on a photograph by Walker Evans (Alabama, 1936)
Two mules stand waiting in front of the brick wall of a warehouse,
hitched to a shabby flatbed wagon.
Its spoked wheels resemble crude wooden flowers
pulled recently from a deep and stubborn mud.
The rains have passed over for now
and the sun is back,
Invisible, but everywhere present,
and of a special brightness, like God.
The way the poster for the traveling show
still clings to its section of the wall
It looks as though a huge door stood open
or a terrible flap of brain had been peeled back, revealing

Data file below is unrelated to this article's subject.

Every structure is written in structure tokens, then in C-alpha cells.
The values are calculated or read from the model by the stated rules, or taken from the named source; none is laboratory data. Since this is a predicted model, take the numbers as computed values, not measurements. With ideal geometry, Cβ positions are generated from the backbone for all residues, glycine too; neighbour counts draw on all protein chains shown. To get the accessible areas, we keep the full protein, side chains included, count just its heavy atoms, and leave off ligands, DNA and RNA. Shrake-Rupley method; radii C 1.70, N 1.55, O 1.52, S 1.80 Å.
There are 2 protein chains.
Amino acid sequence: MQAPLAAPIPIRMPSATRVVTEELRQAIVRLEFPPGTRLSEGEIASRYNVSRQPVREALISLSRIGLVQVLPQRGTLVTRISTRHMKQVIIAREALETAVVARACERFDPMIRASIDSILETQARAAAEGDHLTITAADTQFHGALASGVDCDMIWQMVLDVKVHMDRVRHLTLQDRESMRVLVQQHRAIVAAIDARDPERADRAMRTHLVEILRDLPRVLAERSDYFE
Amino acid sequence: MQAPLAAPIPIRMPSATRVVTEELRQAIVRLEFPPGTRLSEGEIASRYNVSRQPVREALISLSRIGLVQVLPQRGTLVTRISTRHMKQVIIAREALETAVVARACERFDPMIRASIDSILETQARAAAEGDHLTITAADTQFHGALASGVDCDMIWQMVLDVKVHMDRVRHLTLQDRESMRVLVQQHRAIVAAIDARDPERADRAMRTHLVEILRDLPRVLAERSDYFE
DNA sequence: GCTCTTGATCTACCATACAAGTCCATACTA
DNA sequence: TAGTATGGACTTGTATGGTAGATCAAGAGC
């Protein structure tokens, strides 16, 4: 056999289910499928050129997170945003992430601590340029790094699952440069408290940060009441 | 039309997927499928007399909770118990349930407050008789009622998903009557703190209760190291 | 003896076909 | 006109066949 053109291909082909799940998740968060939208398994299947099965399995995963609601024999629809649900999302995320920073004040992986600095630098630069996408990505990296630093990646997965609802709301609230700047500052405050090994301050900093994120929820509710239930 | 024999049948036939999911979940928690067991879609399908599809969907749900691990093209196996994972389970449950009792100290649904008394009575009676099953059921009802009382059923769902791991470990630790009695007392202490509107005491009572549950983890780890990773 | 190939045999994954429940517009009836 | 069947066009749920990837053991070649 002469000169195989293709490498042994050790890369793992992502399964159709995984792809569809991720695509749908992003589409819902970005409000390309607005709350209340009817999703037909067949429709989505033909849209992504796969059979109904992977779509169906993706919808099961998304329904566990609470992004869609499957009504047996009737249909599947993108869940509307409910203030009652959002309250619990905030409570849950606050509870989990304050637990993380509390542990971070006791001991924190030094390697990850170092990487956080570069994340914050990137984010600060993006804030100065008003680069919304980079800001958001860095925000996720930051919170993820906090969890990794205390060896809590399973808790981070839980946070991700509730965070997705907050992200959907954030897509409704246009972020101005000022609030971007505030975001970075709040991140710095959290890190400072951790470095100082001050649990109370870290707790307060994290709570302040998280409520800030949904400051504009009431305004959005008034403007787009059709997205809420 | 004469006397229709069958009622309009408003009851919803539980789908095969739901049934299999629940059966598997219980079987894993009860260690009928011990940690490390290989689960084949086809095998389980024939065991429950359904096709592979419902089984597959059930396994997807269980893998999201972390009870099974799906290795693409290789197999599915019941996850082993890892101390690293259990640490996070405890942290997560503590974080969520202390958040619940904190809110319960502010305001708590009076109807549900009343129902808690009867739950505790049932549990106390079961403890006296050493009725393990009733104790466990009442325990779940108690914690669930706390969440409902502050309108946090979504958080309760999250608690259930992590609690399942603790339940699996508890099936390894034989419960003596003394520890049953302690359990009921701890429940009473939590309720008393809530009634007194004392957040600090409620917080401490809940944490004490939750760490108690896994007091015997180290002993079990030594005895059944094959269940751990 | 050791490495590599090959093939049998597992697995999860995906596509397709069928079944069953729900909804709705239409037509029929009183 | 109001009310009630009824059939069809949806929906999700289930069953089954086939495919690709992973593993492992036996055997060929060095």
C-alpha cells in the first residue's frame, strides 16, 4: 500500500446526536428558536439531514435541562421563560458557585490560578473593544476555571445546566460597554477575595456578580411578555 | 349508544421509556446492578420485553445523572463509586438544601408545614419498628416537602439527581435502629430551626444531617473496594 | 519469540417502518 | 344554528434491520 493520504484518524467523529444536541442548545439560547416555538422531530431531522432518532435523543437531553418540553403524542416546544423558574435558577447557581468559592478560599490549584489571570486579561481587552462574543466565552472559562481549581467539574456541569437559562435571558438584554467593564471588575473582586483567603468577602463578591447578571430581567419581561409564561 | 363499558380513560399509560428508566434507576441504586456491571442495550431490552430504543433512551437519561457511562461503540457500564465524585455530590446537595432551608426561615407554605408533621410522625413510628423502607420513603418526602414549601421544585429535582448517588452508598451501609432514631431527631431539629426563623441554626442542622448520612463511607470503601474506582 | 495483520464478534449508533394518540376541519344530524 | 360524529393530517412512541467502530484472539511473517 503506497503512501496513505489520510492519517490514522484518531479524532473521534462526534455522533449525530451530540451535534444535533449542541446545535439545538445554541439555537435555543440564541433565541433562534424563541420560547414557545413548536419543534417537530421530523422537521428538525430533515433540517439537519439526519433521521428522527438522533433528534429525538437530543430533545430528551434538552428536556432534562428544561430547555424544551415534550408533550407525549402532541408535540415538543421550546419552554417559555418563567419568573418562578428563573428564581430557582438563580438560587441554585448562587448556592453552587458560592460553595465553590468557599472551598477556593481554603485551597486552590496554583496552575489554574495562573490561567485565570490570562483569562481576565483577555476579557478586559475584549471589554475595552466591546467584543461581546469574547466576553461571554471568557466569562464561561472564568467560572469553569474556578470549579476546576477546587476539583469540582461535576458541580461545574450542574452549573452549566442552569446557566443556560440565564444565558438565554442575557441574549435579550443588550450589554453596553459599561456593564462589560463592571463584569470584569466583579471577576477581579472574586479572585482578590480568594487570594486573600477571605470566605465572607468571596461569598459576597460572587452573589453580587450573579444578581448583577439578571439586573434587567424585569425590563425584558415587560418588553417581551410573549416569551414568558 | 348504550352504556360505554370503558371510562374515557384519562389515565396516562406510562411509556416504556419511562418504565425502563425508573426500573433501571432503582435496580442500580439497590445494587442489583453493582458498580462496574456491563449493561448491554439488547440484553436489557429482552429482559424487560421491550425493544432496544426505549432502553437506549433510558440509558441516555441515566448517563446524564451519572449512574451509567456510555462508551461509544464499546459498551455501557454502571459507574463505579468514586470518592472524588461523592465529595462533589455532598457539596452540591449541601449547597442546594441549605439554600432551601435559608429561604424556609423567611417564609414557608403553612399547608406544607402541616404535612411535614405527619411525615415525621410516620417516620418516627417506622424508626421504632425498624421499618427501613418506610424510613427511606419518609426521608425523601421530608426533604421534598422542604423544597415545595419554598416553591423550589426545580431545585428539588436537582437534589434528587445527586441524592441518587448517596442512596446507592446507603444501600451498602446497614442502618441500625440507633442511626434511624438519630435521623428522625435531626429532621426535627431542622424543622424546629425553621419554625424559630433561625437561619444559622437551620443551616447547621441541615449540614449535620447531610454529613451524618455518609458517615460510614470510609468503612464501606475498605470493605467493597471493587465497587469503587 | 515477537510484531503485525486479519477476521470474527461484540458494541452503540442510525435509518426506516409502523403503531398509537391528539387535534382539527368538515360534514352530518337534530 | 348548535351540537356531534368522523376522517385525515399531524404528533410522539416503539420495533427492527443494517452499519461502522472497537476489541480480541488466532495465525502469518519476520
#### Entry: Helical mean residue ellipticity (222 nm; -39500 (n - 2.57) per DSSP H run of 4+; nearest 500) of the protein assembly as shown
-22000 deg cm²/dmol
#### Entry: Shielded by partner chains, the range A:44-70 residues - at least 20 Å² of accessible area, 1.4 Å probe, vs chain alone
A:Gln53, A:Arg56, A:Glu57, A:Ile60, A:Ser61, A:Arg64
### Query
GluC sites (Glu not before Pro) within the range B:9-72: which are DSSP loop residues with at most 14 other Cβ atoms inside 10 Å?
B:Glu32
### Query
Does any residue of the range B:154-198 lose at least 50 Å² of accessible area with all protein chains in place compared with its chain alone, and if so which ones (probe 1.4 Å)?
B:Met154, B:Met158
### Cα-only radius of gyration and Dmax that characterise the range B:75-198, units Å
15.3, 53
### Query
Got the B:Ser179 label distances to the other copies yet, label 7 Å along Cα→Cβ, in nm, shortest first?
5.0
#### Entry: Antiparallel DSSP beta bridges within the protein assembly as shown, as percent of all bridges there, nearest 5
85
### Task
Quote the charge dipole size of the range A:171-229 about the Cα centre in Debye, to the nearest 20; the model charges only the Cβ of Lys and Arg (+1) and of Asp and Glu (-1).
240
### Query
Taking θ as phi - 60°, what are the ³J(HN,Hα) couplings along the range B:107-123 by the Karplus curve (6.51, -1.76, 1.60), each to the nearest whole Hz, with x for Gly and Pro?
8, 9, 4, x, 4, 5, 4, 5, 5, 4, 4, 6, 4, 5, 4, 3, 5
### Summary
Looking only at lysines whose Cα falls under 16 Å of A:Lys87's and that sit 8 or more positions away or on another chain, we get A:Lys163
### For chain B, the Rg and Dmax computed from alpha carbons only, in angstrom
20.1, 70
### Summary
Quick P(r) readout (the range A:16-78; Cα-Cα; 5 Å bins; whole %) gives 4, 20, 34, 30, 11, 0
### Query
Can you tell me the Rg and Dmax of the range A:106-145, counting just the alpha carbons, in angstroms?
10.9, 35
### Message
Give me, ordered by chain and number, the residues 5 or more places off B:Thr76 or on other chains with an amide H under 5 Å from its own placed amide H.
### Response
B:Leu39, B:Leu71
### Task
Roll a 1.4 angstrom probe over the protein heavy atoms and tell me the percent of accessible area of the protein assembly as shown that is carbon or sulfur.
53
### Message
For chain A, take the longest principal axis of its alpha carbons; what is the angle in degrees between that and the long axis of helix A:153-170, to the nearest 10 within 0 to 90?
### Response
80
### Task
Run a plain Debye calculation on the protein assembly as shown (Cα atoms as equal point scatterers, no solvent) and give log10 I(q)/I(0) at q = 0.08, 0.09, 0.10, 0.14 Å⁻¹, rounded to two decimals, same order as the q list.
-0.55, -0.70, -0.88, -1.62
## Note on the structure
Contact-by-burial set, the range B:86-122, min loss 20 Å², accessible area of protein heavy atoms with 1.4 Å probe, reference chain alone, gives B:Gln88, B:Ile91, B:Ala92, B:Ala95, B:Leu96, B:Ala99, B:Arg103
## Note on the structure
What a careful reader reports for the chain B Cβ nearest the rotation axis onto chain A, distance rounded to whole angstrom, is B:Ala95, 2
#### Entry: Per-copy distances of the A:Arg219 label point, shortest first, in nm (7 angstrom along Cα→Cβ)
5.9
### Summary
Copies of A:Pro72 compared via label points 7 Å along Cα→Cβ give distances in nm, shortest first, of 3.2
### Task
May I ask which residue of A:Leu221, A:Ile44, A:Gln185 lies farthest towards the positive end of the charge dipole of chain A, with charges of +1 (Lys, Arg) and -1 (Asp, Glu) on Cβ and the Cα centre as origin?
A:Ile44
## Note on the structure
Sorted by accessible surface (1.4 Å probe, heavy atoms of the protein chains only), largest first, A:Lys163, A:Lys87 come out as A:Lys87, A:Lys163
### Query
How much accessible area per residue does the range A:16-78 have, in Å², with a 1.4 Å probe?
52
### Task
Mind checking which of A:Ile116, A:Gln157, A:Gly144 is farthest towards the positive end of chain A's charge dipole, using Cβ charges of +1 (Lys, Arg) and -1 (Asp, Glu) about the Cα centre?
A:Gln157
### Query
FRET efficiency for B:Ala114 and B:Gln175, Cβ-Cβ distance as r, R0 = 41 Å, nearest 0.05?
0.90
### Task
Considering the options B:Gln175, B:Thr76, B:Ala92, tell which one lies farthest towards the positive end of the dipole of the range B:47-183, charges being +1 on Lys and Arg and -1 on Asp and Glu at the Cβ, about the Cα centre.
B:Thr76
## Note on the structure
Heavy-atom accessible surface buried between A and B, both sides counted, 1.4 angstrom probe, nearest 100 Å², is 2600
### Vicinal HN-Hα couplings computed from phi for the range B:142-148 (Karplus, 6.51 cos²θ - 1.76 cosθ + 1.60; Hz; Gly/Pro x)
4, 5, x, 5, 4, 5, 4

Someone's idea of heaven:
seven dancing-girls, caught on the upkick,
All in fringed dresses and bobbed hair.
One wears a Spanish comb and has an escort . . .
Meanwhile the mules crunch patiently the few cornshucks
someone has thoughtfully scattered for them.
The poster is torn in places, slightly crumpled;
a few bricks, here and there, show through.
And a long shadow
the last shade perhaps in all of Alabama
Stretches beneath the wagon, crookedly,
like a great scythe laid down there and forgotten.
Donald Justice, New and Selected Poems, Alfred A. Knopf, 1996.